Friday, 9 December 2016

Festivals in Thailand

Many of the festivals in Thailand have a religious aspect. Some festivals take place on fixed days from year to year while others, for example those relating to Buddhism, are determined by the lunar calendar. Below is an introduction to the most significant festivals and happenings.

Buddhist Religious Festivals

Visakha Bucha: Celebrating the birth, enlightenment and passing away of Gautama Buddha, this is probably the holiest day of the Buddhist calendar. It takes place during the fifteenth day of the sixth lunar month (May). During the evening there is a candlelit procession around the temples.

Asalha Puja : Commemorating Buddha's first sermon, the day is celebrated by listening to sermons and giving donations. This festival takes place on the fifteenth day of the eighth lunar month.

Khao Phansa (Vassa) : This festival is sometimes called the Rains Retreat and is the beginning of Buddhist Lent. It starts the day after Asalha Puja. Young men will often become lay monks for a short period in order to earn merit. This period is followed by two of the major festivals in the Buddhist calendar: Wan Awk Pansa and Kathina.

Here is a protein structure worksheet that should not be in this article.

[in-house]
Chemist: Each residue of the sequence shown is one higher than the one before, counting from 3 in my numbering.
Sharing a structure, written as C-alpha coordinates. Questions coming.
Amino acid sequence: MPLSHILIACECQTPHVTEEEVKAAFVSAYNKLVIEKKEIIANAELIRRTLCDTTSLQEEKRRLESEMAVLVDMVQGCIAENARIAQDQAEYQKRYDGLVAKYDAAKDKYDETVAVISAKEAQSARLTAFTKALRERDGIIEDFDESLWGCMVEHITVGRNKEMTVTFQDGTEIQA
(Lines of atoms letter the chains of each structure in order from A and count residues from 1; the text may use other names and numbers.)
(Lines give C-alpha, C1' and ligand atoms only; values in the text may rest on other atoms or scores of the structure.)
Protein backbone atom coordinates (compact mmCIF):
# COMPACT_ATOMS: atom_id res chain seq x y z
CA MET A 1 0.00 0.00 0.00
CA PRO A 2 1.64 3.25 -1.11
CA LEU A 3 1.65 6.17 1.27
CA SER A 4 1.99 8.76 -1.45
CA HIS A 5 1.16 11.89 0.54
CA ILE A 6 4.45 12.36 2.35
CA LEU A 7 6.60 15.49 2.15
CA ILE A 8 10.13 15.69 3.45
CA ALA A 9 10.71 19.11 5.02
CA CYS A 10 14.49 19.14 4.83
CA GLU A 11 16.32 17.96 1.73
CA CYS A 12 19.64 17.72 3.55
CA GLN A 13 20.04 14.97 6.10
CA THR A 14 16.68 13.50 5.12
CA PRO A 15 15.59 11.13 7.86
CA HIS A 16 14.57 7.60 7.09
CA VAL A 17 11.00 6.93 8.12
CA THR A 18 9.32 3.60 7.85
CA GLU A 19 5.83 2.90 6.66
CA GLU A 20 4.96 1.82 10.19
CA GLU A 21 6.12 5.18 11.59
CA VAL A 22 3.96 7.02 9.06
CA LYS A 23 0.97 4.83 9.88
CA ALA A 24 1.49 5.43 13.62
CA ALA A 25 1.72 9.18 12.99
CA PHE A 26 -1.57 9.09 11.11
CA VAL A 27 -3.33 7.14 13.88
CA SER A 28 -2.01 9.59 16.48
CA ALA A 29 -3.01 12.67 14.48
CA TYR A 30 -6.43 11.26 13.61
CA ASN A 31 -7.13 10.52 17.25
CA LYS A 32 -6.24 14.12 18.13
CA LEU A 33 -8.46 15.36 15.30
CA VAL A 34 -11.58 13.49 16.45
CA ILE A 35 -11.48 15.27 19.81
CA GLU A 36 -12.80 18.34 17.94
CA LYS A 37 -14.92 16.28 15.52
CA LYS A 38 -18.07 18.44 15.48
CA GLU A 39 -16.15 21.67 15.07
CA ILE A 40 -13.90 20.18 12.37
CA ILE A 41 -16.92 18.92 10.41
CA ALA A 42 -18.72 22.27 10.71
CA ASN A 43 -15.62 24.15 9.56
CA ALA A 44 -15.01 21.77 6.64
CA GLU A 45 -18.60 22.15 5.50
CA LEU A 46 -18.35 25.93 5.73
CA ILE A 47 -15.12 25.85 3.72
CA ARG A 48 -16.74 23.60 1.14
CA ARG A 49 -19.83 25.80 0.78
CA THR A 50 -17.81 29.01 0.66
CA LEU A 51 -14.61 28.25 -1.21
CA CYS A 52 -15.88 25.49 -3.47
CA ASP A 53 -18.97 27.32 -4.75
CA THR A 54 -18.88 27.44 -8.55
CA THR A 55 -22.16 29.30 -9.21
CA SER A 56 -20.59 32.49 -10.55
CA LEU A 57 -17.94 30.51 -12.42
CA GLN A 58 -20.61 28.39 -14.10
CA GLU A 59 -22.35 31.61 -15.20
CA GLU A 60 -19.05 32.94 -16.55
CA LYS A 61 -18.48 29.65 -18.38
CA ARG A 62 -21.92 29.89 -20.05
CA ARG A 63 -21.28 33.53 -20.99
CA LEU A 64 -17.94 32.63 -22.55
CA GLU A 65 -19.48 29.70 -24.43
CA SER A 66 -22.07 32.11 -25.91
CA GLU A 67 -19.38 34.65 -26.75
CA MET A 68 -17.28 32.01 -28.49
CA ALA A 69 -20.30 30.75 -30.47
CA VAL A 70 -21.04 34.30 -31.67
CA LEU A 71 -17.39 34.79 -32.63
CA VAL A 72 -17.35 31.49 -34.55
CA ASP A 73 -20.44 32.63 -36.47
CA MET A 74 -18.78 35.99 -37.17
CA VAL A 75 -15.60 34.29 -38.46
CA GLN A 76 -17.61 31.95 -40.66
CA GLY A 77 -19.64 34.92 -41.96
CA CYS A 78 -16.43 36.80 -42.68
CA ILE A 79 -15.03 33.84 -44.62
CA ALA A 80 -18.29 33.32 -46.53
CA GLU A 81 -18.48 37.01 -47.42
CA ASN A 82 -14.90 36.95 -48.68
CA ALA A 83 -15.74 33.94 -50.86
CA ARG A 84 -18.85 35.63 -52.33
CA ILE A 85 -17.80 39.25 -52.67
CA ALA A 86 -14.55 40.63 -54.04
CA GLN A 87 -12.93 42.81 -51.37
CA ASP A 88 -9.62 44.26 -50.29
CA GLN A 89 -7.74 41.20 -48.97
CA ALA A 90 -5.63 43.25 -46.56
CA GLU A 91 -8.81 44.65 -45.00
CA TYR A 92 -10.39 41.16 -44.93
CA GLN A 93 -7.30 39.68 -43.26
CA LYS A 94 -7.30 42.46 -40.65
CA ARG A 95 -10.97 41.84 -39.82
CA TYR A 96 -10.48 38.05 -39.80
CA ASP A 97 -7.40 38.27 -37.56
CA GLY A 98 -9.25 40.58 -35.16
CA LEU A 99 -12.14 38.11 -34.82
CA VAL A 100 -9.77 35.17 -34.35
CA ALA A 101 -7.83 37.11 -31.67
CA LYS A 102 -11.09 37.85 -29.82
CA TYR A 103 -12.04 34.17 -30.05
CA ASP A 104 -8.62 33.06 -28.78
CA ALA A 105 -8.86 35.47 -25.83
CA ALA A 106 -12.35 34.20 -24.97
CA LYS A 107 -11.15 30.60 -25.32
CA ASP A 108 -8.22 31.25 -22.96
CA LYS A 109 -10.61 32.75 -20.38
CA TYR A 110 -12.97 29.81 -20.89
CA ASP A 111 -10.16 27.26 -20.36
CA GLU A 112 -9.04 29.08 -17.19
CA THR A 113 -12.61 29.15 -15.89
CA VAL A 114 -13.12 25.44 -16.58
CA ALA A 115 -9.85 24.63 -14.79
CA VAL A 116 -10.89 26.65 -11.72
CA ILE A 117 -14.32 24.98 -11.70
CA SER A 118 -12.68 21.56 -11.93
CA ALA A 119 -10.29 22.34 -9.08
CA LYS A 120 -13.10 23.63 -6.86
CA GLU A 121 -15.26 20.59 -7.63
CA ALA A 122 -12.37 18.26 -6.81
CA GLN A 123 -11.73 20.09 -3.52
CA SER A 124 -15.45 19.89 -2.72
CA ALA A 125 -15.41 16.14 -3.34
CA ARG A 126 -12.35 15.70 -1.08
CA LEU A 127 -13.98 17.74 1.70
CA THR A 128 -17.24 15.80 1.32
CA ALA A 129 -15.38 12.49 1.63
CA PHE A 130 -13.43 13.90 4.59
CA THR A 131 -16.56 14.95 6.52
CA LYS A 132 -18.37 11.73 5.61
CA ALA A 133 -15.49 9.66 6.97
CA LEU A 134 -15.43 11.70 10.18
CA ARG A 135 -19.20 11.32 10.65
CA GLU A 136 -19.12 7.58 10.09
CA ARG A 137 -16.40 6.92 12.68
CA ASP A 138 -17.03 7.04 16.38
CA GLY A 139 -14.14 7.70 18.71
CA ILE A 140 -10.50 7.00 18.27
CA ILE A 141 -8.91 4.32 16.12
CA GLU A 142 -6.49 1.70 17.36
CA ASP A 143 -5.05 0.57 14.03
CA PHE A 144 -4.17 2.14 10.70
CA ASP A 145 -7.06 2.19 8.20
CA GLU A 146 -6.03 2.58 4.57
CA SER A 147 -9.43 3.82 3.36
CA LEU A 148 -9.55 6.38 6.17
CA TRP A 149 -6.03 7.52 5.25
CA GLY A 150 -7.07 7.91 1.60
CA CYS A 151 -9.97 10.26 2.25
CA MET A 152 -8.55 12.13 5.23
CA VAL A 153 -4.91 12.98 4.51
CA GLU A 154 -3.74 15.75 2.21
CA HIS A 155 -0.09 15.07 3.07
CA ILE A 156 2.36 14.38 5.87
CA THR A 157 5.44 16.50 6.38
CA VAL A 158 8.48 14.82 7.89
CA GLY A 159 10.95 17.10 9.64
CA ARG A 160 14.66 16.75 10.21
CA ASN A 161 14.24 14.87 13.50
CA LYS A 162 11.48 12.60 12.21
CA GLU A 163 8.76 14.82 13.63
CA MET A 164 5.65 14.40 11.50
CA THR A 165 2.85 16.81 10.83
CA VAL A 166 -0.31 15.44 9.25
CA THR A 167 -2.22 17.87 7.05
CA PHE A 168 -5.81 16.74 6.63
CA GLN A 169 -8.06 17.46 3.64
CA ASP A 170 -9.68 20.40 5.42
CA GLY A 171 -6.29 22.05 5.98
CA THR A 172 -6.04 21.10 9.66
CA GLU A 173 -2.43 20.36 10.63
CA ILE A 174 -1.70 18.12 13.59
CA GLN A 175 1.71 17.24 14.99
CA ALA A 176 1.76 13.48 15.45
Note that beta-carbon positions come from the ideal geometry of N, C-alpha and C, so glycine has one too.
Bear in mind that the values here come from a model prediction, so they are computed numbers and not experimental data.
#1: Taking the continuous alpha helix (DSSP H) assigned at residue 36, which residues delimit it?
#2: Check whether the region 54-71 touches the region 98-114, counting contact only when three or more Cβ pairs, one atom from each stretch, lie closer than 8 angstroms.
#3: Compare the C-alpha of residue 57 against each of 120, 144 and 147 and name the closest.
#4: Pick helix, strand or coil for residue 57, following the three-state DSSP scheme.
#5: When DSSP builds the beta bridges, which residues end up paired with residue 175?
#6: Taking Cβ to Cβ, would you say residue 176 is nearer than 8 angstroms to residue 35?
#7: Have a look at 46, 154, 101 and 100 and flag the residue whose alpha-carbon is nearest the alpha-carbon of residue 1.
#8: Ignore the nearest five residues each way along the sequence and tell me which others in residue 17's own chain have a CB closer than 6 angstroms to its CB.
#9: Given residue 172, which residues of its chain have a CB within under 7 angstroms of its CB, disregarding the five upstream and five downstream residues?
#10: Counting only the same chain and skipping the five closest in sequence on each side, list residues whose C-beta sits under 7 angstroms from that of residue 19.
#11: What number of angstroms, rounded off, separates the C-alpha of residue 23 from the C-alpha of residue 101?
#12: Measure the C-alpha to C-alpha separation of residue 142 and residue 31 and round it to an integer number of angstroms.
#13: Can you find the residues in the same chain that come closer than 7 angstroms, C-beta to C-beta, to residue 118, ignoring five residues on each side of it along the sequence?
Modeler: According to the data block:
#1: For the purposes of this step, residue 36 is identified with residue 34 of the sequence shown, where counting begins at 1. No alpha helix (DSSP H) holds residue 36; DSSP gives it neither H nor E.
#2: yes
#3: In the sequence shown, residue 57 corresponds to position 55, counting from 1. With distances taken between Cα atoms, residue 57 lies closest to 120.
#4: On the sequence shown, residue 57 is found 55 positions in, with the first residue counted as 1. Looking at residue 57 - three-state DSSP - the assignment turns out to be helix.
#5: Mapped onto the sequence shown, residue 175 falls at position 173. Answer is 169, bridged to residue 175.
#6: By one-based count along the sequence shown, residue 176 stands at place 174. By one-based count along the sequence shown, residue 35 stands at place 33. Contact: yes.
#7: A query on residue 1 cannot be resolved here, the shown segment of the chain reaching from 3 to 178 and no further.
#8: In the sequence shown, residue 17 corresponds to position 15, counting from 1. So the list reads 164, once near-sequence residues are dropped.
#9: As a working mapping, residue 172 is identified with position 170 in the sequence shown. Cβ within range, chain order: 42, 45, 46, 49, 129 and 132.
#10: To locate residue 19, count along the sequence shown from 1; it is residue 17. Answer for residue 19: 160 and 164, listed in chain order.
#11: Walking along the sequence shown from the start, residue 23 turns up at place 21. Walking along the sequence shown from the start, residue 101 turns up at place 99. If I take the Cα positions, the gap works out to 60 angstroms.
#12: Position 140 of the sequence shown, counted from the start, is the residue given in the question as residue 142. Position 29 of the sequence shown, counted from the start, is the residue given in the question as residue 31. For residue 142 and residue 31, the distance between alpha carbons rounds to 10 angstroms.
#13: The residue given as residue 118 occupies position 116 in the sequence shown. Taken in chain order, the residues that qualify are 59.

Wan Awk Pansa : The last day of Buddhist Lent. Boats traditionally made of banana wood or bamboo are decorated with flowers and lamps and filled with offerings such as sticky rice sweets wrapped in banana leaves. In the evening they are launched into the water.

Kathina : A festival for lay people to express gratitude to Buddhist monks by giving them gifts such as food and flowers. The festival culminates in the Kathina Offering Ceremony at which cloth and new robes are offered to the monks. Kathina marks the end of Vassa and can take place from the waning moon of the eleventh lunar month to the start of the waxing moon of the twelfth (October or November).

Other Thai Festivals

Chinese New Year : Annual celebration of the Chinese New Year with dragon dances, firecrackers, Chinese food and processions. The celebrations take place throughout Thailand, and in Bangkok the main celebrations take place in the large Chinese communities in Yaorwarat Road.
culled from www.angloinfo.com

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